Massive protests on eve of climate summit

HOT UNDER THE COLLAR: A melting planet in an ice-cream cone is held up during the Global Climate March in Berlin on the eve of the official opening of the 195-nation UN climate summit in Paris today. Picture: AFP
HOT UNDER THE COLLAR: A melting planet in an ice-cream cone is held up during the Global Climate March in Berlin on the eve of the official opening of the 195-nation UN climate summit in Paris today. Picture: AFP

Strong message sent ahead of Paris meeting

TENS of thousands of people, from Sydney to Berlin, joined one of the biggest global days of climate change activism yesterday to put pressure on world leaders to unite in fighting global warming at a summit in Paris.

About 20 000 pairs of shoes were laid out in the Place de la Republique in the French capital, from high-heels to boots, to symbolise absent marchers after attacks by Islamic State militants killed 130 people on November 13 and led France to ban a protest that was meant to be at the heart of the global action.

Organisers said the Vatican sent a pair of shoes on behalf of Pope Francis.

More than 2 000 events were being held in cities including Sydney, Berlin, London, Sao Paulo and New York, making it perhaps the biggest day of climate action in history on the eve of the Paris conference which runs from today until December 11.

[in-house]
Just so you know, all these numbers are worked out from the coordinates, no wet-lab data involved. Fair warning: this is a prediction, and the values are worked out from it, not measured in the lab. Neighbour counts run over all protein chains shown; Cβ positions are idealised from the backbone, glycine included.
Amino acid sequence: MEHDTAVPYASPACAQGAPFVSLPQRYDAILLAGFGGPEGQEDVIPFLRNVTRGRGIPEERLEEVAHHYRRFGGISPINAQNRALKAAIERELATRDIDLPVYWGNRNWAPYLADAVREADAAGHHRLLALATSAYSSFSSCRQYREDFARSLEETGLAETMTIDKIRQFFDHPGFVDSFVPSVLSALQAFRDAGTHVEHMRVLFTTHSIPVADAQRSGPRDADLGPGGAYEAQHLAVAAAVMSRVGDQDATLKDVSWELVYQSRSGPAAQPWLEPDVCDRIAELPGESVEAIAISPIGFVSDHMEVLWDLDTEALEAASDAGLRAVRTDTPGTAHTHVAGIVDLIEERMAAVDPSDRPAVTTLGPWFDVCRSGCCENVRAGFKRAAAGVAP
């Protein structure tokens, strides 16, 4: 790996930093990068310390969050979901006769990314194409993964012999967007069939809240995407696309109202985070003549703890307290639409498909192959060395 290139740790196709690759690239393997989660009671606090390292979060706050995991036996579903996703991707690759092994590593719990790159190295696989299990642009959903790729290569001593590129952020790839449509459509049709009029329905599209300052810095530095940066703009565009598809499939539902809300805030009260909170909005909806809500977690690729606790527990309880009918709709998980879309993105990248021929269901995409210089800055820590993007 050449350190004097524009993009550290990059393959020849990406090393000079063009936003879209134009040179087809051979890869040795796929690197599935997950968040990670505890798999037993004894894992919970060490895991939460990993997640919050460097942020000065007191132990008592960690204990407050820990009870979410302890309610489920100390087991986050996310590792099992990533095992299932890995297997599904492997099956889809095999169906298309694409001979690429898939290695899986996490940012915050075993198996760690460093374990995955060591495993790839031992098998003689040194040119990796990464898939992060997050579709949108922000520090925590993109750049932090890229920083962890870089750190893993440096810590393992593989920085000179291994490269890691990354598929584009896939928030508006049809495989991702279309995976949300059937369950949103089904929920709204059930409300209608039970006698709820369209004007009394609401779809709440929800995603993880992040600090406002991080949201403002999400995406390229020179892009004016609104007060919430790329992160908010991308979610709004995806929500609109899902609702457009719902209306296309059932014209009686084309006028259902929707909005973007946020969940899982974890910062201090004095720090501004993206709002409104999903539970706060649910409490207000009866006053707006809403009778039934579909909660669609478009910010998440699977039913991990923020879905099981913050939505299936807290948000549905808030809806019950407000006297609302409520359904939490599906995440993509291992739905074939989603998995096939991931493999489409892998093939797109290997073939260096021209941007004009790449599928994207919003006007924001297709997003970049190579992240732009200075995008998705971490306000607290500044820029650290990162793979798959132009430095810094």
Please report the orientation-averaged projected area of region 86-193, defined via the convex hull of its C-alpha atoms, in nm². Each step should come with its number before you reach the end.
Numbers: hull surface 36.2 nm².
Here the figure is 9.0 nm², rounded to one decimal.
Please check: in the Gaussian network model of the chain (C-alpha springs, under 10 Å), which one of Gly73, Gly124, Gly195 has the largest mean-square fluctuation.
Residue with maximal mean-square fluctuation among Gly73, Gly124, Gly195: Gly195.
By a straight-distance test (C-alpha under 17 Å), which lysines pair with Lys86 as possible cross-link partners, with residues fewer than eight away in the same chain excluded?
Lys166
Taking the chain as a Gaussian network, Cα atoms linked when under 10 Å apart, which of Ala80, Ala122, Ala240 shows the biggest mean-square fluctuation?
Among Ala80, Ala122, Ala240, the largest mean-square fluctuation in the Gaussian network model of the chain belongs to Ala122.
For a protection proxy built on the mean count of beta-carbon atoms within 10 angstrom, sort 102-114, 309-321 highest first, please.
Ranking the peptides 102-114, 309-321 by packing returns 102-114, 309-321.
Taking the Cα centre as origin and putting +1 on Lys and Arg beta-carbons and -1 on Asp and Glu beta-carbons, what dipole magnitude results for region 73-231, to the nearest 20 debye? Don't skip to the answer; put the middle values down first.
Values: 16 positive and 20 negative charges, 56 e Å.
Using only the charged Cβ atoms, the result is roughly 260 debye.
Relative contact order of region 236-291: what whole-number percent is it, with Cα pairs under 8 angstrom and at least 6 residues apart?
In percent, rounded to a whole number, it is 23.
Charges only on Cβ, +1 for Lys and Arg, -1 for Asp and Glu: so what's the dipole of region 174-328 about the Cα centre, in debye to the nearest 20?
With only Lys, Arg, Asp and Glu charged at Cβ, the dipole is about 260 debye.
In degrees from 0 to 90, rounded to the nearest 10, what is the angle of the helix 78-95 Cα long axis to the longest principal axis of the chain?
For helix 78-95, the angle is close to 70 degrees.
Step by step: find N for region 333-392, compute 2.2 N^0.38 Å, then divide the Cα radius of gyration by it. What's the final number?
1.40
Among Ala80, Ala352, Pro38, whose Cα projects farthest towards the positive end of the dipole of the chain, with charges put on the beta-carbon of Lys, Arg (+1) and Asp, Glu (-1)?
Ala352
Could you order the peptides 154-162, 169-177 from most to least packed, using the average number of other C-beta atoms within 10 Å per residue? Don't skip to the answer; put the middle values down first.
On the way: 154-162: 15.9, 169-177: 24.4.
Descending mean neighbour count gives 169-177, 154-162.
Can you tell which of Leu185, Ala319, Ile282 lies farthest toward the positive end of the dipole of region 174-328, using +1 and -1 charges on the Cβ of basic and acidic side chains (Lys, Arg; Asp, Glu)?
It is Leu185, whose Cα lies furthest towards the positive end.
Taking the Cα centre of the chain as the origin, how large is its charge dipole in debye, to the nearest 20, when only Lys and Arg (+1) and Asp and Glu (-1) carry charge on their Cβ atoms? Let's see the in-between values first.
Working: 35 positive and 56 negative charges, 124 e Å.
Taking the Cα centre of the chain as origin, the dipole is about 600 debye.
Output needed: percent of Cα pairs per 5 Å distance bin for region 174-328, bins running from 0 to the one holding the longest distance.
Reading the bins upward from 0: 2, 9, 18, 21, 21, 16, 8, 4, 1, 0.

In Sydney, about 45 000 people are estimated to have marched through the central business district towards the Opera House.

Among them was Sydney’s mayor Clover Moore, who tweeted it was the largest climate march ever held in the harbour city.

Protesters held placards reading: “There is no Planet B” and “Say no to burning national forests for electricity”.

One activist, dressed in white as an angel with large wings, held a sign: “Coal Kills”.

US President Barack Obama and China’s Xi Jinping will be among more than 140 world leaders attending the start of the COP21 summit.

Activists in France scaled back their plans when the government imposed a state of emergency after the Paris attacks and banned the march in Paris on security grounds. But they plan to form a human chain, with about 3 400 people joining arms along a 3km route through central Paris from the Place de la Republique to Place de la Nation.

Underscoring security worries, France put 24 green activists under house arrest before the summit, Interior Minister Bernard Cazeneuve said on Saturday, saying they were suspected of planning violent protests at the talks. Alix Mazounie, of French Climate Action Network, said a human chain would not violate the state of emergency. “This is not civil disobedience,” she said.

Many activists want a phase-out of fossil fuels and a shift to 100% renewable energies by 2050.

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